For all that iPS has re-ignited Japan’s fervour for cutting-edge scientific adventure and global competition, many scientists fear it could still become a victim of familiar failings: burdensome regulation, excessive government interference and a lack of nimble thinking from big business.

Looming over that are the broader risks that accompany any pioneering scientific endeavour: expensive cul-de-sacs, ferocious global competition, the threat of “leapfrogging” by a rival and, more fundamentally, whether you are backing the right horse.

Dr Nakauchi’s original plea to his old school friend, recalls Mr Miwa, was borne out of a fear that if he did not secure investment and create a business, Japan would fall behind foreign rivals in iPS despite discovering the technology.

By 2013, when Dr Nakauchi opened a laboratory in Stanford to conduct experiments not possible under domestic law, Japanese media turned on their hero and accused him of “making off” with the nation’s iPS treasure. Four years later, despite repeated claims that regulatory loosening was coming, Dr Nakauchi conducts his interview with the Financial Times from a lab in Stanford as new avenues of regenerative medicine and experiments on larger animals are still not permitted in Japan.

What started in 2007 as Japan’s cautious excitement over the human iPS cells as both a “made in Japan” source of new therapies and a powerful accelerant for drug development has been transformed into an article of national faith. The discovery, say trade ministry officials, was the antidote to a feeling that Japan was losing ground to China and its broader technological edge in areas from science to consumer electronics.

The awarding of the 2012 Nobel medicine prize to Shinya Yamanaka, who invented iPS cells a few miles away from Megakaryon’s labs, has redoubled Japan’s determination to mark this territory as its own. Prof Yamanaka suspects that the “home advantage” of inventing iPS does not in itself give Japanese researchers an edge over US and European rivals, yet he is satisfied the country is currently in the lead on regenerative medicine using iPS cells.

To bolster that position hefty public and corporate research budgets have been funnelled towards iPS projects. Megakaryon is now working with a consortium of 15 Japanese industrial groups including Otsuka Pharmaceutical and Nissan Chemical Industries. A government agency has been created, in part to marshal the bureaucratic might of the state into regenerative medicine.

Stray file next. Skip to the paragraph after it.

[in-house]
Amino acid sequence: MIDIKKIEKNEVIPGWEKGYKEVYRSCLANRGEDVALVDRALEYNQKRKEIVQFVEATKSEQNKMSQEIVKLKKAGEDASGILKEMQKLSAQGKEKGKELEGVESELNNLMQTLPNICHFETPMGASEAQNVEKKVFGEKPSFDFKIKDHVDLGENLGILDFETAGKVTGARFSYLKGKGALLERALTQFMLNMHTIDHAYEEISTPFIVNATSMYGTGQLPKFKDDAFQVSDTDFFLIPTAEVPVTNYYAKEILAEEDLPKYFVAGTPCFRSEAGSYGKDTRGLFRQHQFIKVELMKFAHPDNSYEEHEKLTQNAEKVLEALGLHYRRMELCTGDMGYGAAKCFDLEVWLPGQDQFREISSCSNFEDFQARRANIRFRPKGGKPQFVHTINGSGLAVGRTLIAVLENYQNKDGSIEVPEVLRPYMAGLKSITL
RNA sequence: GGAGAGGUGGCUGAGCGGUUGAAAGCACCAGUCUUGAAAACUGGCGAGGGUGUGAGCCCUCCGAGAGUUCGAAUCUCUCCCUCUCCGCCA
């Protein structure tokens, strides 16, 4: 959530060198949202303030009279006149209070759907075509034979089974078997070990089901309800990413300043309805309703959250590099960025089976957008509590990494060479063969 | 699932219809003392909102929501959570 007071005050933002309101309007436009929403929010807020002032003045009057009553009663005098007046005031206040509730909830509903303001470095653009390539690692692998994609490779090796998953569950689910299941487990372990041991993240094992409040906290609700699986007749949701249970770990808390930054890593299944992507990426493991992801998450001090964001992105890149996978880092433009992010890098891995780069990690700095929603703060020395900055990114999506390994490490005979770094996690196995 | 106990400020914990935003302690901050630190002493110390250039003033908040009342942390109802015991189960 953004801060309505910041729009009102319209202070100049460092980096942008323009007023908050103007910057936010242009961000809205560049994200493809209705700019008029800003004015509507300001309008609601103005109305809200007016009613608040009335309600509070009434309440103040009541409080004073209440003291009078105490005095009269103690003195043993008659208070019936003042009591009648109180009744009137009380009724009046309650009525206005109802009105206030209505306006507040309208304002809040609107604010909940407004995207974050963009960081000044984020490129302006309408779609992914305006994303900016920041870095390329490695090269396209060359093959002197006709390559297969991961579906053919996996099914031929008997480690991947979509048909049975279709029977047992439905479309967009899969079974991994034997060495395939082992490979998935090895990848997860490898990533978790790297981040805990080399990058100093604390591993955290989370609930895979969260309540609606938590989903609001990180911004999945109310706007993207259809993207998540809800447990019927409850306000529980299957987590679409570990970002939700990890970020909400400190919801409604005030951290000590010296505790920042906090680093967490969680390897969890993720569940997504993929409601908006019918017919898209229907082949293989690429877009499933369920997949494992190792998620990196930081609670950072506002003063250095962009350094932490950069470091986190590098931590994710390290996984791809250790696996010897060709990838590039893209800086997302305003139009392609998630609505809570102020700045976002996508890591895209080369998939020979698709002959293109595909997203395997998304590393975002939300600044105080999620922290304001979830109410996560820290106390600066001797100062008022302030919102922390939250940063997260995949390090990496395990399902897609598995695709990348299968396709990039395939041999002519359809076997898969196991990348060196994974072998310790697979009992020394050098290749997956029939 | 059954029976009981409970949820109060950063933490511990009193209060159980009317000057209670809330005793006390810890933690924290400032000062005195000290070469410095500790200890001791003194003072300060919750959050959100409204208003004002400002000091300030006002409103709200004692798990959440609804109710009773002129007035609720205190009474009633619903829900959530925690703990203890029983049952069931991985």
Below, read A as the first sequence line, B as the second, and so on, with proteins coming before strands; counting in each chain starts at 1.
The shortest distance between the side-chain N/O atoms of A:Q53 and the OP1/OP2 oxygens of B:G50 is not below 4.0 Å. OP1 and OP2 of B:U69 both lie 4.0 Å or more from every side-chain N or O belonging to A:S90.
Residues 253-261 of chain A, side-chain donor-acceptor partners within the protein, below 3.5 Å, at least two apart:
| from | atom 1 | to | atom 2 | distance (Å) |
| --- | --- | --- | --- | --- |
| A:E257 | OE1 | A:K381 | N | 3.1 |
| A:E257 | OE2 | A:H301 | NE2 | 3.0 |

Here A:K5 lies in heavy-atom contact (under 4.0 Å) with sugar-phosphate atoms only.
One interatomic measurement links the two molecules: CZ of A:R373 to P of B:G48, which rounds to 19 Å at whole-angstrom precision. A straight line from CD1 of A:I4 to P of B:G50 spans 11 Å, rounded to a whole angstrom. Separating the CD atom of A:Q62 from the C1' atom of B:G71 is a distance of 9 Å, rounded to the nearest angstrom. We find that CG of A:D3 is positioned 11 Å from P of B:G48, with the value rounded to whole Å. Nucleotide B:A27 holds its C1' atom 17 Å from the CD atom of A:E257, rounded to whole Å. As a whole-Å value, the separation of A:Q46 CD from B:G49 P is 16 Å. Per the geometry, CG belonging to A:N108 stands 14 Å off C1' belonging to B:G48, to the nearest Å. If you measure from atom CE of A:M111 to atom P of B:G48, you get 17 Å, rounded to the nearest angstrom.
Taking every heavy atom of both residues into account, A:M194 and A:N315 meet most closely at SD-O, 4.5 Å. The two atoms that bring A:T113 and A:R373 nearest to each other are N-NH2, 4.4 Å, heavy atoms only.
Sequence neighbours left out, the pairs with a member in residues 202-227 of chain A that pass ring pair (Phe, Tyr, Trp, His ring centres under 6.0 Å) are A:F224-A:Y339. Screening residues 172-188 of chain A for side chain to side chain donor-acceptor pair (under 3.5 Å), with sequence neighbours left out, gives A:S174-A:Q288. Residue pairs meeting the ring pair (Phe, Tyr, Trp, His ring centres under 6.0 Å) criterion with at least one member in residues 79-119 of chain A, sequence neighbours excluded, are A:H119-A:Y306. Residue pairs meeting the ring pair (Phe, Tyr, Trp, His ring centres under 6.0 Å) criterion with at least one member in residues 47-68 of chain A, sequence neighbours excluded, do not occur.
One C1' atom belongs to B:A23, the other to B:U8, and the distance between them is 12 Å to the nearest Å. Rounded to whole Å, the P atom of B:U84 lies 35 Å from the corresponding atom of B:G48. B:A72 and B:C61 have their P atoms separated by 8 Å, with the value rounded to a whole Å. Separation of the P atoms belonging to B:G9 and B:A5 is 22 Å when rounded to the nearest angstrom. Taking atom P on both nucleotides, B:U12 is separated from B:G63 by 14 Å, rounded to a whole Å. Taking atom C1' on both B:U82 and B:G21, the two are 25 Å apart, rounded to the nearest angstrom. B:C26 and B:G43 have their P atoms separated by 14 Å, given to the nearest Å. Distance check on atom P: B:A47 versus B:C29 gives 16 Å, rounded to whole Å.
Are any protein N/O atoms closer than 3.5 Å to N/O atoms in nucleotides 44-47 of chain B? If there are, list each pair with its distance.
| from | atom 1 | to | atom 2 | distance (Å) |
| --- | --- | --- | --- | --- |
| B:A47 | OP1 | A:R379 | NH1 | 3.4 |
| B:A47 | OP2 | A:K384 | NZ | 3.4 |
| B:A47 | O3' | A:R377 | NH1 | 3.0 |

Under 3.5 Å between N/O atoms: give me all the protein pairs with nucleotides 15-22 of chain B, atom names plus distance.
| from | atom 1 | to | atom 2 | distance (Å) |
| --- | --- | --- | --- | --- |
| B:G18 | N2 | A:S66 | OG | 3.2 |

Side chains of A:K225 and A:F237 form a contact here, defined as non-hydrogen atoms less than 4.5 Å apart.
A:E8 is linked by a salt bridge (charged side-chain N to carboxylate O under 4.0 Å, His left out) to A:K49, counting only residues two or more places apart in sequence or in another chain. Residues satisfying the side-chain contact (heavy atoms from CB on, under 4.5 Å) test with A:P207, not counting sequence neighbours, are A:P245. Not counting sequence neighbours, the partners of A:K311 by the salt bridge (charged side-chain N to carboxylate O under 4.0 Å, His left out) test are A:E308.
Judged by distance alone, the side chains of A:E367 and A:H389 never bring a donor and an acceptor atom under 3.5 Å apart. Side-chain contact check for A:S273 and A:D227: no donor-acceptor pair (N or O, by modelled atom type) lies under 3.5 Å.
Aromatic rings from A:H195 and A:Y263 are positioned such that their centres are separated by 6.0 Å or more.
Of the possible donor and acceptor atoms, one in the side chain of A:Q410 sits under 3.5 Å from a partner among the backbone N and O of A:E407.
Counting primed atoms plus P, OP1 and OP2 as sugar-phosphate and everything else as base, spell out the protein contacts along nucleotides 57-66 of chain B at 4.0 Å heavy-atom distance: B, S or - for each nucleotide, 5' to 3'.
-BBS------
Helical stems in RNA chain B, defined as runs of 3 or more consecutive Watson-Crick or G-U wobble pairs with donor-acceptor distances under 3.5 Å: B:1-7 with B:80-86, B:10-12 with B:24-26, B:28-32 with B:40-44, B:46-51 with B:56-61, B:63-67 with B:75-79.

The rewards, too, are starting to flow as pressure builds from cash-conscious Japanese universities to convert years of generously funded science into commercial products. In March, Masayo Takahashi, a central figure in Japan’s tight group of iPS pioneers, successfully transplanted iPS-derived retinal cells into the eye of a patient suffering from macular degeneration.

“iPS was invented in Japan. The government loves them. Researchers love them. Everyone wants to promote that, and the ministries are trying to make regulation easier,” she says. “Research budgets in Japan may have declined in general over the past 10 years, but funding for iPS has been strong.”

Two weeks ago, another Kyoto-based team led by Professor Junya Toguchida unveiled a schedule of clinical trials of the world’s first drug developed through testing on human iPS cells to treat a rare bone disease. “The key for Japan to keep its leadership position in drug discovery is to form effective collaboration between researchers and pharmaceutical companies,” Prof Toguchida says, adding that even he could not believe how significantly iPS technology was accelerating drug discovery processes.